Conservation projects

Modern zoos’ journey into the future goes far beyond the scope of zoos today and the global zoo and aquarium conservation strategy plays an important role on this path. Zoos and conservation organizations across the world joined forces in the global zoo and aquarium conservation strategy years ago. The stated aim of all participants is to play their part in protecting and preserving global natural habitats, along with the plants and animals that live in them, that still exist today. The strategy involves more than just paying lip service and it places obligations on the participants. Many of the objectives, achievements and standards formulated by the strategy are already part of the traditions that have been fostered at Basel zoological gardens for many years. For example, the Etoscha, Gamgoas and Australis enclosures bring biological and ecological backgrounds to life for the purpose of the strategy. Nature’s food chain is presented in the Etoscha house and the Gamgoas house is characterized by the conflict-ridden relationship between human beings and nature. Australis gives an insight into the unique world of animal reproduction on the Australian continent. The opening mentioned also includes Basel Zoo’s financial investments in scientific projects.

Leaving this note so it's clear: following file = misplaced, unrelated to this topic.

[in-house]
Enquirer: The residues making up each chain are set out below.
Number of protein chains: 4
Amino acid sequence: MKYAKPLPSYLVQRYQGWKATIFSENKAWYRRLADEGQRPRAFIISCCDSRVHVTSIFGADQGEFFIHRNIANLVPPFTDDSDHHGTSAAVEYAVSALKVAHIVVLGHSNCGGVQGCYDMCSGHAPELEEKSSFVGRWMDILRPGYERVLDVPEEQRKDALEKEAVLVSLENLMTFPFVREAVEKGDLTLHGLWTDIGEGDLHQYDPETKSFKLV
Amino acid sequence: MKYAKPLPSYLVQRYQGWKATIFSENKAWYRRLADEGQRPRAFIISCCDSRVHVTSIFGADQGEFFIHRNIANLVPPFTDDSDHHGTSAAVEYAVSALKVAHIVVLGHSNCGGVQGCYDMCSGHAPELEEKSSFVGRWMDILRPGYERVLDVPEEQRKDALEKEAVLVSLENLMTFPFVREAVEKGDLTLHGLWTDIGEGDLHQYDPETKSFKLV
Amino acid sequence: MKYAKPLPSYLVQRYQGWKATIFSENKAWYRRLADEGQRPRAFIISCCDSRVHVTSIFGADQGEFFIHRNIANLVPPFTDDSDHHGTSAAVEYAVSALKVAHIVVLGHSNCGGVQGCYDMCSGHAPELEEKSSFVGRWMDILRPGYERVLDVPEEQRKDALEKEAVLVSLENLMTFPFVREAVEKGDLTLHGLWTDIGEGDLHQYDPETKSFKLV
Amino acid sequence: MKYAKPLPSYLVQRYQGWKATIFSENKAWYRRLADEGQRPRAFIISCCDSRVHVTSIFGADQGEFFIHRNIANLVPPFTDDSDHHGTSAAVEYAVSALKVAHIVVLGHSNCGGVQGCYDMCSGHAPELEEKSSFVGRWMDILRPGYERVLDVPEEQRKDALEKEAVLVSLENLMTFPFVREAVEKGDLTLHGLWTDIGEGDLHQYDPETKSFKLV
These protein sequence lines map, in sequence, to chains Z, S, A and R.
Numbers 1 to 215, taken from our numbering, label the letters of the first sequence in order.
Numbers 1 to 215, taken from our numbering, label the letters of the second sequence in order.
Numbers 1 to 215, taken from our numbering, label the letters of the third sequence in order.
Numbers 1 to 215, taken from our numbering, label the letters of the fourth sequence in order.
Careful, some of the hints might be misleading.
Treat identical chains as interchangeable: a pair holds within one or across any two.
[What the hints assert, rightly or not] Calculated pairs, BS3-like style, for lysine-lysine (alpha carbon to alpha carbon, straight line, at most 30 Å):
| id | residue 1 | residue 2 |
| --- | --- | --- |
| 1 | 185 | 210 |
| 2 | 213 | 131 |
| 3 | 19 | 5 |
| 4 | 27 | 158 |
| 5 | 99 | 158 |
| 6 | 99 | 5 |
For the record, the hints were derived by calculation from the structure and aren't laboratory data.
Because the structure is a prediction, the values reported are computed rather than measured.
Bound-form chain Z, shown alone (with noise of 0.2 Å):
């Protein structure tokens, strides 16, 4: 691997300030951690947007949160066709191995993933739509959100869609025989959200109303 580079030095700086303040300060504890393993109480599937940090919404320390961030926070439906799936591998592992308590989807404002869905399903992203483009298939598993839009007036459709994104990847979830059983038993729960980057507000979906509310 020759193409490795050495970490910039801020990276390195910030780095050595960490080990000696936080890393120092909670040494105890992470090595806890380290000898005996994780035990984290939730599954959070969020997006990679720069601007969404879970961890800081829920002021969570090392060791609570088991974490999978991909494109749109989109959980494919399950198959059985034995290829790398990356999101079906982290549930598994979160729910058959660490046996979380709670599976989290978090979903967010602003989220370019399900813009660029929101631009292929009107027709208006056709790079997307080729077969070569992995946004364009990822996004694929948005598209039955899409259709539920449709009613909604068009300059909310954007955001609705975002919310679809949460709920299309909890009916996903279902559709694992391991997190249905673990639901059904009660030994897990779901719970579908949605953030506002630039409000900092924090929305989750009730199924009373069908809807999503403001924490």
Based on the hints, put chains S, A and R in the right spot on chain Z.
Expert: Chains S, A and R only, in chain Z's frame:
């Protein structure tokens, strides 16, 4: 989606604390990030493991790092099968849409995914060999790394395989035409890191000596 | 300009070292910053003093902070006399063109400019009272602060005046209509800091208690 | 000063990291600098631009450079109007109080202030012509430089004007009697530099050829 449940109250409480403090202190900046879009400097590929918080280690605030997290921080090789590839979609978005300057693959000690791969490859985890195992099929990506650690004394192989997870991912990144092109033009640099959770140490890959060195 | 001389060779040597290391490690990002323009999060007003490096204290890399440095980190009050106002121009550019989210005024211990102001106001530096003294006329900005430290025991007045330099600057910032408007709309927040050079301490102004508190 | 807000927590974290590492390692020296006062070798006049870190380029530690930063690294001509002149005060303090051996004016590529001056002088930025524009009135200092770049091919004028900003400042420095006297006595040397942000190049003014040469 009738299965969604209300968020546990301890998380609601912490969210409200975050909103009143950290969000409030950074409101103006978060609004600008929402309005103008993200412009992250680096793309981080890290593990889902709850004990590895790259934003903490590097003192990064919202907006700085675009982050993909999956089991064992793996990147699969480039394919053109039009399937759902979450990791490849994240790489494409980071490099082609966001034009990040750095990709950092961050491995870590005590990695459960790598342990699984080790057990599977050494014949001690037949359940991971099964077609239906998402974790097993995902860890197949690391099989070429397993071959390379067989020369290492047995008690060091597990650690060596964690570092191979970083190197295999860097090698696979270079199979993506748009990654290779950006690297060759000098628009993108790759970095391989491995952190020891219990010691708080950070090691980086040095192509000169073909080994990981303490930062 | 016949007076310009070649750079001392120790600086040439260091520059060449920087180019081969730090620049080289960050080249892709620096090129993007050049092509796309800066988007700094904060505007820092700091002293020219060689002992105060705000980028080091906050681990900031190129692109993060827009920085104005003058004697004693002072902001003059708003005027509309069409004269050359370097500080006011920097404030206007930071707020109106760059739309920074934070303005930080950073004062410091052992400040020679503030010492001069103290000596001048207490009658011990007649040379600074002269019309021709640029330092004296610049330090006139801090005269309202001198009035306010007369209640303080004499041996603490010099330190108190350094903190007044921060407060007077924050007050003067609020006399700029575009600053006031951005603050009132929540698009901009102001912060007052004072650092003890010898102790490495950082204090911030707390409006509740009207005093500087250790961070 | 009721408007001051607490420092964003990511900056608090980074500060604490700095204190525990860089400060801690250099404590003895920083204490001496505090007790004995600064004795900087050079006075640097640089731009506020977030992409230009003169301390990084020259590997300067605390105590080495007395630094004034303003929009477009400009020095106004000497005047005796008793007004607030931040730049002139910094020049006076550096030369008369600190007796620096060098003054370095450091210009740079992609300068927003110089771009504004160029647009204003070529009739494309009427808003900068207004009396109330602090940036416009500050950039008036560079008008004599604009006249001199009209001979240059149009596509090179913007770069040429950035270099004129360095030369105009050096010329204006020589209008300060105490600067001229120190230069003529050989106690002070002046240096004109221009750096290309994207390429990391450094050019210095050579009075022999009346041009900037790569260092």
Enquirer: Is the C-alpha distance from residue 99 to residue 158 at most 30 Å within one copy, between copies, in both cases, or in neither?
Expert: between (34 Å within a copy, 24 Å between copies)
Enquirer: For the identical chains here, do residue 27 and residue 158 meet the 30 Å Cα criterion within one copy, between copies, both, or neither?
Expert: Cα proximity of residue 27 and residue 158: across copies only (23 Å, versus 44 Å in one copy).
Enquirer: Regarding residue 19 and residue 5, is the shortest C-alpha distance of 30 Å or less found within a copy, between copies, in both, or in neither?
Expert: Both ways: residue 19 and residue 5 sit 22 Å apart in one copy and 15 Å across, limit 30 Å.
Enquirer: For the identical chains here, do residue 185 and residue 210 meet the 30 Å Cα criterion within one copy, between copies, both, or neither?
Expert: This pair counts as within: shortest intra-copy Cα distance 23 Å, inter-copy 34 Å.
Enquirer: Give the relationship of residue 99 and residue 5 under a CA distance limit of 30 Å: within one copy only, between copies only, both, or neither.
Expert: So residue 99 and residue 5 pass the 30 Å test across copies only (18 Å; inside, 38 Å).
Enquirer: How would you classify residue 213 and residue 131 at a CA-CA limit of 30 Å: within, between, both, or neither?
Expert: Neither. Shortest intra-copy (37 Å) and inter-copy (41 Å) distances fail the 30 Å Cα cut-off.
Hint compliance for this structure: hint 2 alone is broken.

The Somali wild ass is the most endangered equidae species. Its numbers fell by more than 90% between 1992 and 2012. The Somali wild ass can now only be found in Eritrea, Ethiopia and Somalia. The wild ass project in Eritrea plays an important role in the protection of the Somali wild ass. It provides valuable information for researching the animal’s biology and understanding the demands it places on its habitat. Thanks to the results, provisions can be drawn up for safeguarding the sub-areas. The aims are to preserve the ecosystem, protect the wild ass and secure the natural resources for the local population over the long term. Basel Zoo has supported the project since 2013.



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